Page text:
Learn simple and practical art therapy-based tools to help children and teens understand and express their emotions, communicate nonverbally when words aren’t working, build connections with others, develop problem-solving skills, and much more. Engage in hands-on art activities to inspire the development of novel ideas for addressing challenging behaviors at home or in therapeutic settings. This workshop is for anyone with a child in their life, personally or professionally. It is intended for adults only.
This workshop is based on The Innovative Parent: Raising Connected, Happy, Successful Kids through Art, (Ohio University/Swallow Press), the 2019 National Parenting Products Association award-winning book by art therapist Erica Curtis, LMFT, ATR-BC and Ping Ho, MA, MPH, Founder & Director of UCLArts & Healing. The book will be available for purchase at the workshop for $20. And attendees can enter a raffle to receive a free book!
Click here to watch a brief, animated video about the book, which offers examples of the kinds of tools that will be shared in the program.
The program is designed to offer creative tools for:
- Redirecting and shifting energy in children
- Getting attention without having to use one’s voice
- Establishing boundaries and engaging cooperation playfully
- Communicating nonverbally, when words aren’t working
- Supporting emotional safety and academic effort with non-judgmental language
- Responding to difficult emotions or traumatic stress reactions
- Facilitating interpersonal problem solving and decision making
- Building self-care into daily life
Saturday, October 12, 2019
2:00 to 3:30 pm
FREEAdd CEs for this program.
instructor(s):Erica Curtis, LMFT, ATR-BC
Ping Ho, MA, MPH
location:Florence Griffith Joyner Elementary School Auditorium
1963 E 103rd St
Los Angeles, CA 90002
Ping Ho, MA, MPH, is Founder and Director of UCLArts & Healing, an organizational member of the UCLA Collaborative Centers for Integrative Medicine, of which Ping is a steering committee member and was founding administrator. She was also founding administrator for the UCLA Cousins Center for Psychoneuroimmunology, which led to the privilege of writing for Norman Cousins and co-writing the professional autobiography of George F. Solomon, M.D., founder of the field. She has a BA in psychology with honors from Stanford—where she was appointed to spearhead the still-thriving Health Improvement Program for faculty and staff, an MA in counseling psychology with specialization in exercise physiology from the University of California, Santa Barbara, and an MPH in community health sciences from UCLA School of Public Health. Ping is a member of the council of advisers for the Academic Collaborative for Integrative Health and associate editor for the Creative Arts Therapies section of the Journal of Complementary and Alternative Medicine. She developed the Certificate Program in Social Emotional Arts (SEA) and the Medical SEA Program for any population, setting or budget. In addition, she co-developed and served as principal investigator for the evidence-based program, Beat the Odds®: Social and Emotional Skill Building Delivered in a Framework of Drumming. She is co-author, with Erica Curtis, of The Innovative Parent: Raising Connected, Happy, Successful Kids through Art (Ohio University/Swallow Press, March 2019).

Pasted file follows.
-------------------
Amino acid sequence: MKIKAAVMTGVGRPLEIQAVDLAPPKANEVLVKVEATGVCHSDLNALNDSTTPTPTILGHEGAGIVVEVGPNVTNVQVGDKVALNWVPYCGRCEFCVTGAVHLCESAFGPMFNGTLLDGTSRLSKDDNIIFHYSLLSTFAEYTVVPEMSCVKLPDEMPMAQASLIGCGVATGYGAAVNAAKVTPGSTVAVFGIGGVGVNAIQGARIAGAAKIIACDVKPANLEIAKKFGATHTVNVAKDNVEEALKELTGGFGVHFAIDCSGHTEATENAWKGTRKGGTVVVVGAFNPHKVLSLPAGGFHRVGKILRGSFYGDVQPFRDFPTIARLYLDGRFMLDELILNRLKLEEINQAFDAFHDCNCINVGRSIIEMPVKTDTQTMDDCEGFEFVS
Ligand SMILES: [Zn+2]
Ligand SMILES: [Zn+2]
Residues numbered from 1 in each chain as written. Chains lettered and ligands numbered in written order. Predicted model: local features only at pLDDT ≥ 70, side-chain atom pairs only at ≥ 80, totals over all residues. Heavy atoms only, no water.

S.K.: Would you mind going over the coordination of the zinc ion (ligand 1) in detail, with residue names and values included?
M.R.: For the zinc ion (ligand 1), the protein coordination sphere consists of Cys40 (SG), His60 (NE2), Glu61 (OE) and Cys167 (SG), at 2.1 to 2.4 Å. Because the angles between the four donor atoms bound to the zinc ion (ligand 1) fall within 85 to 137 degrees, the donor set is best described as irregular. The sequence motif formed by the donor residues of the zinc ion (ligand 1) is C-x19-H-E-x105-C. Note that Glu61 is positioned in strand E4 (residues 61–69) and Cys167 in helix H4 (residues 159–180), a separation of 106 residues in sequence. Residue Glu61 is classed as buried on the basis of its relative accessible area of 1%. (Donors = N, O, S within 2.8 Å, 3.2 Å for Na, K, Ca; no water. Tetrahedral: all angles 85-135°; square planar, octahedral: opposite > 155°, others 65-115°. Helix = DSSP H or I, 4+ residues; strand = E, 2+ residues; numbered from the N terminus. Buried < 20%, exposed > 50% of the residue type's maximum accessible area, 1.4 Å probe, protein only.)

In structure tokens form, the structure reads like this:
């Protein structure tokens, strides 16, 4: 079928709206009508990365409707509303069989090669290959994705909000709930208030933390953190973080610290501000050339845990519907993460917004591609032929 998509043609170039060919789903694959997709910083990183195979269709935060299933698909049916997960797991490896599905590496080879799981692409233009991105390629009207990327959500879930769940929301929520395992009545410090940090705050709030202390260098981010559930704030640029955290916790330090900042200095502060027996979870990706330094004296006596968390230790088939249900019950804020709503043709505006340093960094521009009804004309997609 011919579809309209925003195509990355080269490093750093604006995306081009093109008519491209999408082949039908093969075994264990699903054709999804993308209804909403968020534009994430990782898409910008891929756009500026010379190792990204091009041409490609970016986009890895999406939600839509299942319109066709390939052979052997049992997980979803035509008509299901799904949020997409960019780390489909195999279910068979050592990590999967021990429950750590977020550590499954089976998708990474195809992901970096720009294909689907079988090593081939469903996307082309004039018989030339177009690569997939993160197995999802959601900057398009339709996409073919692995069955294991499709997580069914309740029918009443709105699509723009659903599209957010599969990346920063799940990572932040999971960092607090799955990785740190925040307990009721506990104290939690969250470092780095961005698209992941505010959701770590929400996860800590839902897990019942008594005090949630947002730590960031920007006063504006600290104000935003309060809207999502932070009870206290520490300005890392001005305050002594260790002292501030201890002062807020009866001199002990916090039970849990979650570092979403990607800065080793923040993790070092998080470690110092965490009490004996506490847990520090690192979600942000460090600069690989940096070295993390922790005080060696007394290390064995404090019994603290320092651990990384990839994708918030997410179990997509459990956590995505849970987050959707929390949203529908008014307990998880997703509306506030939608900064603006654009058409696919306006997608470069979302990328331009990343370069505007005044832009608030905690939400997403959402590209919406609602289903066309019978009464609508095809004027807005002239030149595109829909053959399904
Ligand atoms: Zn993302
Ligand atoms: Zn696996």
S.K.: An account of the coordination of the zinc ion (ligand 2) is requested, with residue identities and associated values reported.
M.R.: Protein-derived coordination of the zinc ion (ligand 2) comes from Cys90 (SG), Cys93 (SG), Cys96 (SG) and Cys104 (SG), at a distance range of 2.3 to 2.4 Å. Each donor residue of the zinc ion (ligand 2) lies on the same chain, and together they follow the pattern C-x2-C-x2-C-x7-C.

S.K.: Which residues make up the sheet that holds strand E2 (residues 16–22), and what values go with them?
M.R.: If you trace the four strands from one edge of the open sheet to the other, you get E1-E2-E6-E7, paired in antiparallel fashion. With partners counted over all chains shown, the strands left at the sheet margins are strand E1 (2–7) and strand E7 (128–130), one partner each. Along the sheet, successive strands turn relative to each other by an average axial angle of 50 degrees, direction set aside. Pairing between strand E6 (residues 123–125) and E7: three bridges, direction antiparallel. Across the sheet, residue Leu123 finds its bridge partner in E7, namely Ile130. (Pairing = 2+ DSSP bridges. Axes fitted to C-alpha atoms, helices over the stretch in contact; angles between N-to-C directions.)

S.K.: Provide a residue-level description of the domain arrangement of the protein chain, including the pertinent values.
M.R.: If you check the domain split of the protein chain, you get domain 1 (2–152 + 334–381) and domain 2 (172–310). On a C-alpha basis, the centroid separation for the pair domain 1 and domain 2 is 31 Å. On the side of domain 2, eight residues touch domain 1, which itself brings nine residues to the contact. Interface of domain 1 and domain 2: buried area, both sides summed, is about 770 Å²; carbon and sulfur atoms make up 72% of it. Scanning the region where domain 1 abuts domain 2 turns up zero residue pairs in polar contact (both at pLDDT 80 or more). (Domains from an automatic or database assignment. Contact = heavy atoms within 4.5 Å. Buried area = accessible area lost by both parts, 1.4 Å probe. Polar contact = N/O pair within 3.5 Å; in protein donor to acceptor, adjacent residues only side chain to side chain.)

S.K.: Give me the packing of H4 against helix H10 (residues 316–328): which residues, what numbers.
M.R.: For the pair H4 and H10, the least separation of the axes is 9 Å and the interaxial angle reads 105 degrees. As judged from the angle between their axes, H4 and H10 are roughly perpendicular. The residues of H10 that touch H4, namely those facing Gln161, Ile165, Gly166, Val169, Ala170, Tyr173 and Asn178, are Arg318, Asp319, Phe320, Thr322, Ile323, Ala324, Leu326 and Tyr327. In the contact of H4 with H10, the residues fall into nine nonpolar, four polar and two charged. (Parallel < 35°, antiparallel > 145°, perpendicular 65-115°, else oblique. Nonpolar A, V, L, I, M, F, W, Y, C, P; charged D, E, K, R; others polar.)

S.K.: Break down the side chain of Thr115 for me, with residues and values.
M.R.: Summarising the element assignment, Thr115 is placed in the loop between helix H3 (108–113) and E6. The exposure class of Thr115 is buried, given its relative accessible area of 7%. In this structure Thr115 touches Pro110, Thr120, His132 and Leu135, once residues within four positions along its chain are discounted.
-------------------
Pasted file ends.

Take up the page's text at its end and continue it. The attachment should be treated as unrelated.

UCLArts & Healing is approved by the California Psychological Association to provide continuing professional education for psychologists. UCLArts & Healing maintains responsibility for this program and its content.
IMPORTANT NOTICE: Those who attend this workshop in full and complete the appropriate evaluation form will receive CE credits. Please note that credit will only be granted to those who attend the entire workshop. Those arriving more than 15 minutes after the start time or leaving before the workshop is completed will not receive CE credit.
learning objectives for ces:
- Describe one way to connect with a child or teen nonverbally through art.
- Explain one art activity that can be used to facilitate problem solving in children.
- State one way to help children express their feelings through art making.